Owls, larks, and other birds

There's a thing called circadian rhythm. What is it?

Each of us have an internal biological rhythm with a period of about 24 hours — the circadian rhythm. The circadian rhythm regulates our sleep and wake cycle, cognitive functions, appetite, and a bunch of other physiological functions like body temperature, hormone levels, and metabolism. 

Now, finally, let's get into ornithology and find out: what are larks and owls?

Despite the fact that the duration of the circadian rhythm period in humans is almost 24 hours, its peak points may differ depending on which chronotype you belong to. For example, the morning type "larks" go to bed and wake up earlier, their peak of mental and physical performance falls on the first half of the day. The evening type "owls" work better in the afternoon and go to bed and get up 2-3 hours later than the "larks."

What does the chronotype depend on?

- Genetic factors determine whether people belong to a particular chronotype by 20-50%

- Environment: light and dark cycle, work schedule, family interactions (children can change chronotype of their parents)

- Gender and age: teenagers most often have the "owls" chronotype, while children and the elderly have the "larks" chronotype more often. Men are more likely to have an evening chronotype than women.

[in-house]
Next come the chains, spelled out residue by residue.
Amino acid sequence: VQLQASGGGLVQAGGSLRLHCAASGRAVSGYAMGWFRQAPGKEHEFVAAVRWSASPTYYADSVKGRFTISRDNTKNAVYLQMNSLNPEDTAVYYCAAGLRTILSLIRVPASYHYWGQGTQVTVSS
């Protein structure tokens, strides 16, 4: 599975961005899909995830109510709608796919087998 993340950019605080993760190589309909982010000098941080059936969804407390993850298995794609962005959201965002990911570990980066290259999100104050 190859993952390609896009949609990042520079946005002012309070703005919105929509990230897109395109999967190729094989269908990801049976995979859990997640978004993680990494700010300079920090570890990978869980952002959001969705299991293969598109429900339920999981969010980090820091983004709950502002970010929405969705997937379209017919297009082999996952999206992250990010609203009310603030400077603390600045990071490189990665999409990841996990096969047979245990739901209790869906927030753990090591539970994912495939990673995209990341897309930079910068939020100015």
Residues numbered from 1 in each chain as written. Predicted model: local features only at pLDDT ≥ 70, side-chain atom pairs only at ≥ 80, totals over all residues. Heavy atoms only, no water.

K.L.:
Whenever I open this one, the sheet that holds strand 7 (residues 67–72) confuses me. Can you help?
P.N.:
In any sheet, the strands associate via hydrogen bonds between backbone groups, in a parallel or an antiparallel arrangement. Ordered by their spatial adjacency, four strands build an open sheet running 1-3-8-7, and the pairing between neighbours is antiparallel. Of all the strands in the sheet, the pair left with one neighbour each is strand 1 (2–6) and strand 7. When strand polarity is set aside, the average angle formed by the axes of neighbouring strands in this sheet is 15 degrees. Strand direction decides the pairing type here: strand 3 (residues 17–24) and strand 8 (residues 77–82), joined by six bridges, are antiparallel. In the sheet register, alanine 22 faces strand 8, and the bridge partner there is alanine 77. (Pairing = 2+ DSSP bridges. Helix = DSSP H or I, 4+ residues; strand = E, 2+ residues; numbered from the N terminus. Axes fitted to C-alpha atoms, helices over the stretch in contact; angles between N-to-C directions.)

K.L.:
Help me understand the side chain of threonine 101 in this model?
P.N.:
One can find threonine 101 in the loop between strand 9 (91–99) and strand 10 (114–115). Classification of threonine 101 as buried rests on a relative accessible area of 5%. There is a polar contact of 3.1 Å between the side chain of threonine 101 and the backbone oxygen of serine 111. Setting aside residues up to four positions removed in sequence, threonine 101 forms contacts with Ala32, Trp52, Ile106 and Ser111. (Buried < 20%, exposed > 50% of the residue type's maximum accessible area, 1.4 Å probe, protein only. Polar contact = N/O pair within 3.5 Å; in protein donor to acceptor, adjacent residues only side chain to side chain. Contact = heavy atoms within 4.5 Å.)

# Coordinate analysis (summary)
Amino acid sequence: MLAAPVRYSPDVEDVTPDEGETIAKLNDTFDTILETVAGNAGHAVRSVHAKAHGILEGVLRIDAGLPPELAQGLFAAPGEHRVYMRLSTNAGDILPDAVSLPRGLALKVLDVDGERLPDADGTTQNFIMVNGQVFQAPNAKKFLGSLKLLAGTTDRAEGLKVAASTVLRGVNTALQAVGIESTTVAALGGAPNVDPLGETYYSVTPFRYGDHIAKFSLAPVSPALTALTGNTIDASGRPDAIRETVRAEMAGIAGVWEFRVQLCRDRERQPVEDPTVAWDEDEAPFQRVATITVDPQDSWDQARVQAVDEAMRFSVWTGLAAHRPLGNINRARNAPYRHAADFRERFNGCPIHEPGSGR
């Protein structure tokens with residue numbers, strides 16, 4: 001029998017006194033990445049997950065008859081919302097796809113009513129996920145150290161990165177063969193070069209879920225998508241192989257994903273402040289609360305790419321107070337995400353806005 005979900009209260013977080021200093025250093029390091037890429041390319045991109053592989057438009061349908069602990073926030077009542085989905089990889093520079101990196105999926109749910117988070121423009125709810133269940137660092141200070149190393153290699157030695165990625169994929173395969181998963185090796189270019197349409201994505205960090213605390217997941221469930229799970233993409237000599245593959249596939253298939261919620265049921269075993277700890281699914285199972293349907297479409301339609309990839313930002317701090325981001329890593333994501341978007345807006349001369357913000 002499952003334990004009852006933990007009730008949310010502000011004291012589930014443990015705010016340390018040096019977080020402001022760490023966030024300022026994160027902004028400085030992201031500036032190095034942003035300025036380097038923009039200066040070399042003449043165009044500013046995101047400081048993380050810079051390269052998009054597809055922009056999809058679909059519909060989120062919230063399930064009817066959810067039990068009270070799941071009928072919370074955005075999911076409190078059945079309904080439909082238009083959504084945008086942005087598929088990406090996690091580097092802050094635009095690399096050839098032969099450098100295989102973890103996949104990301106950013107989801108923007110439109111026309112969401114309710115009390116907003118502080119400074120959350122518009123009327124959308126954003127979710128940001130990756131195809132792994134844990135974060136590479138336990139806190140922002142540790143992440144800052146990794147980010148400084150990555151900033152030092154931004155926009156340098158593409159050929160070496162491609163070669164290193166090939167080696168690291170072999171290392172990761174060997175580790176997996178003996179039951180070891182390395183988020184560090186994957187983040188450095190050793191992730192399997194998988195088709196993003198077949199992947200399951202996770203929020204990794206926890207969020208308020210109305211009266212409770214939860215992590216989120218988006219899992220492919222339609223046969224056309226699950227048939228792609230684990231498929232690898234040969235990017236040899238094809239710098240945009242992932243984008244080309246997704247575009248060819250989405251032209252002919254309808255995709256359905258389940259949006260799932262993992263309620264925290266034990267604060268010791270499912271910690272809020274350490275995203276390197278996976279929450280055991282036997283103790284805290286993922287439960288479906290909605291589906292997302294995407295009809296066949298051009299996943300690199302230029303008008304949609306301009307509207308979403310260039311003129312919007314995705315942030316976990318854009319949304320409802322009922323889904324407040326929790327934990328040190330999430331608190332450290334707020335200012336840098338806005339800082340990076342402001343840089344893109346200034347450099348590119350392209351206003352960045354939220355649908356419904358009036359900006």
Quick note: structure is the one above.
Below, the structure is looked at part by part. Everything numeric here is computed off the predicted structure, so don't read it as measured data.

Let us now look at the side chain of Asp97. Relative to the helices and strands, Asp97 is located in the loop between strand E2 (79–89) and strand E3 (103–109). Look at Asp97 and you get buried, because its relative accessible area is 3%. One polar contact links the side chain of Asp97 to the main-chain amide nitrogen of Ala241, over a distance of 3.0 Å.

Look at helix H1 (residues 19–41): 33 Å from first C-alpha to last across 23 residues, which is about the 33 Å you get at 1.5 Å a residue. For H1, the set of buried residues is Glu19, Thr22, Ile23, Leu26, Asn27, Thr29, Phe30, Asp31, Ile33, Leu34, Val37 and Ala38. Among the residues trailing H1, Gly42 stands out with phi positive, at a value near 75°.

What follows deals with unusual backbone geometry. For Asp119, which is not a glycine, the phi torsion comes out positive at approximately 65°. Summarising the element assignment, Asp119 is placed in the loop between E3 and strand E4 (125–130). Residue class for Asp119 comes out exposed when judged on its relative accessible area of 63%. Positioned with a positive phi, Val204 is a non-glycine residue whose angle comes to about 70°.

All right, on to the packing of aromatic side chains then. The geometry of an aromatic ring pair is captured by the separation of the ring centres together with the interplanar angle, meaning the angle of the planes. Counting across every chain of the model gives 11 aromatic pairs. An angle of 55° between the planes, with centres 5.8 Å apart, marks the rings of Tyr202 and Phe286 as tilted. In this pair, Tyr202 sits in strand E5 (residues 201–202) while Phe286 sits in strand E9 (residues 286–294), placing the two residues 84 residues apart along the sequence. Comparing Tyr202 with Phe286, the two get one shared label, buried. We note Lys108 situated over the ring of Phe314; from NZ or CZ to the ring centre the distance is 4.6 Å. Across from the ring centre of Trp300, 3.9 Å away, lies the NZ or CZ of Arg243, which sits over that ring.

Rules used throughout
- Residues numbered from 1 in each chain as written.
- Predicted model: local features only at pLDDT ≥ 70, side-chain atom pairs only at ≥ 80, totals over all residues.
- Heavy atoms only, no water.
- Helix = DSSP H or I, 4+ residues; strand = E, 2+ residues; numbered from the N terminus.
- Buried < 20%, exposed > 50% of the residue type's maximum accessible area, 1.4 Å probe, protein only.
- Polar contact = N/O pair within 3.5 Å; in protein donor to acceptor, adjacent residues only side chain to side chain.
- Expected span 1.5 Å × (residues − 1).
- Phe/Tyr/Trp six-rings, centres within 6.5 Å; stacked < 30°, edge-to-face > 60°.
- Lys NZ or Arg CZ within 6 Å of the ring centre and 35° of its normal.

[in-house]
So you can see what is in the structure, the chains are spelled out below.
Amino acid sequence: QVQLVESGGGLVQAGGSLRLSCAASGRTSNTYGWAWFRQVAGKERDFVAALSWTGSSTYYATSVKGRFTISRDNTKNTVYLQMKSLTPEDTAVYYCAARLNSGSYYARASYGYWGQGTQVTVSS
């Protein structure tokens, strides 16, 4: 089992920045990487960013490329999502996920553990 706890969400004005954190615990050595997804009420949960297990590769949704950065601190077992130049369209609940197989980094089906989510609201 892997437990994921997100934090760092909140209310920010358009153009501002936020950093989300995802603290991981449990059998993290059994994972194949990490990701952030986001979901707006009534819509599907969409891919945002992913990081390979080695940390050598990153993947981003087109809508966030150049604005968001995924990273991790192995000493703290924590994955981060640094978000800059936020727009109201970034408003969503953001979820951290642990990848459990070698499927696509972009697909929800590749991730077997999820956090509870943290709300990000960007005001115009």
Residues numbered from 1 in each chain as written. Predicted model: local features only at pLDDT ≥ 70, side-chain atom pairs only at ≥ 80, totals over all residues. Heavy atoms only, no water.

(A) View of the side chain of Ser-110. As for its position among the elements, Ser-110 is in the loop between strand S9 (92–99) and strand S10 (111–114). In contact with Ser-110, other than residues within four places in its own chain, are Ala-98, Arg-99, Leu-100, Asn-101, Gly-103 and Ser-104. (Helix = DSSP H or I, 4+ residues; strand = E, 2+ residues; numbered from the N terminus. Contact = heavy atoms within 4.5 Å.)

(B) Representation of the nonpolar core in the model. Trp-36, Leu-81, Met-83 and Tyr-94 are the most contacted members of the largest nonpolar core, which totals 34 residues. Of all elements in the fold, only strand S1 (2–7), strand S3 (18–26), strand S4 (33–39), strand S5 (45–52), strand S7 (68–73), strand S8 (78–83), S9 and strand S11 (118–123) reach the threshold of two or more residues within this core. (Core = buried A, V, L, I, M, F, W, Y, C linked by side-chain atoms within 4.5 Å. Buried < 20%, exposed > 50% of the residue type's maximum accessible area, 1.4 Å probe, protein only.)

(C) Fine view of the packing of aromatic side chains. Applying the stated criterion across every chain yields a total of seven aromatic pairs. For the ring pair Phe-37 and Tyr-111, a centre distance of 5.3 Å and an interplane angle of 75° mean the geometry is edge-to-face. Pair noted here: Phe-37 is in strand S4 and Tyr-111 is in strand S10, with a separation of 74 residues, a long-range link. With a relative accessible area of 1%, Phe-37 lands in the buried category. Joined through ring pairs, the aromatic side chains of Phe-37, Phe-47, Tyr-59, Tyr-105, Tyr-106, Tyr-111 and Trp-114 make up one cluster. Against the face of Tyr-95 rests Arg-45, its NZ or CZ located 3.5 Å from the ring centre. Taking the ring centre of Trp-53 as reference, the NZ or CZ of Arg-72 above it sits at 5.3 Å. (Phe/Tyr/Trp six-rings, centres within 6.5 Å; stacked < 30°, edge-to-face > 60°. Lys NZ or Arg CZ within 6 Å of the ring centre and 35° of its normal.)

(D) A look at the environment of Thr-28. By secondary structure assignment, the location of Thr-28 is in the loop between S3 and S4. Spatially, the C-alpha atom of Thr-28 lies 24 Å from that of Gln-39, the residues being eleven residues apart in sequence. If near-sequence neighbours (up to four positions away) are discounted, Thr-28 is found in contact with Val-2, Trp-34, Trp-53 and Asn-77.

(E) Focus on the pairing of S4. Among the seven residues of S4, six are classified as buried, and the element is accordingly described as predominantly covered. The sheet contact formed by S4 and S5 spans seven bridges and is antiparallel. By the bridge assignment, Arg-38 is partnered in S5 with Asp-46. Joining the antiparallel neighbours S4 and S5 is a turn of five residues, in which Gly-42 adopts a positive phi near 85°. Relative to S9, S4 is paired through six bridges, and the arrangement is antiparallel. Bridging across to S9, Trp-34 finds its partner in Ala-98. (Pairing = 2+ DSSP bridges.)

Influence of chronotype on health

The following patterns were identified:

  • "Owls" are more likely to consume caffeinated beverages, alcoholic and energy drinks. They eat fewer fruits and vegetables (1)
  • "Owls" are more prone to depression, anxiety, and schizophrenia (2), while the morning chronotype is associated with better mental health indicators (3)

Perhaps these patterns are correlated to the phenomenon of "social jetlag." The fact is that the modern world is more suited to "larks,” but not "owls." The preference of "owls" to go to bed and get up later in society is considered a manifestation of laziness, disorganization and lack of discipline. Work and study schedules don't take into account the biological characteristics of people with the evening chronotype. 

The need to get up early leads to the fact that "owls" constantly violate the natural rhythms of sleep and wakefulness. Constant lack of sleep in the long term leads to an increased risk of mental and physical diseases: depression, anxiety disorders, diabetes, cancer, heart disease and strokes. 

It is also more difficult for "owls“ to demonstrate their true potential at work and school: they get grades (4) worse than” larks," since the peak of their mental and physical activity falls on a later period.

Why do you need all this stuff and why is it useful to know your chronotype?

* To understand what time of day you are most productive. Thanks to this knowledge, you can optimize your work so that you can work on important tasks during the biological peak. You can even reserve time in the day schedule for this period and try to work without distractions. 

* To understand what time you should go to bed. 

You can use this link to take a test and determine what kind of bird you are and what chronotype you belong to:


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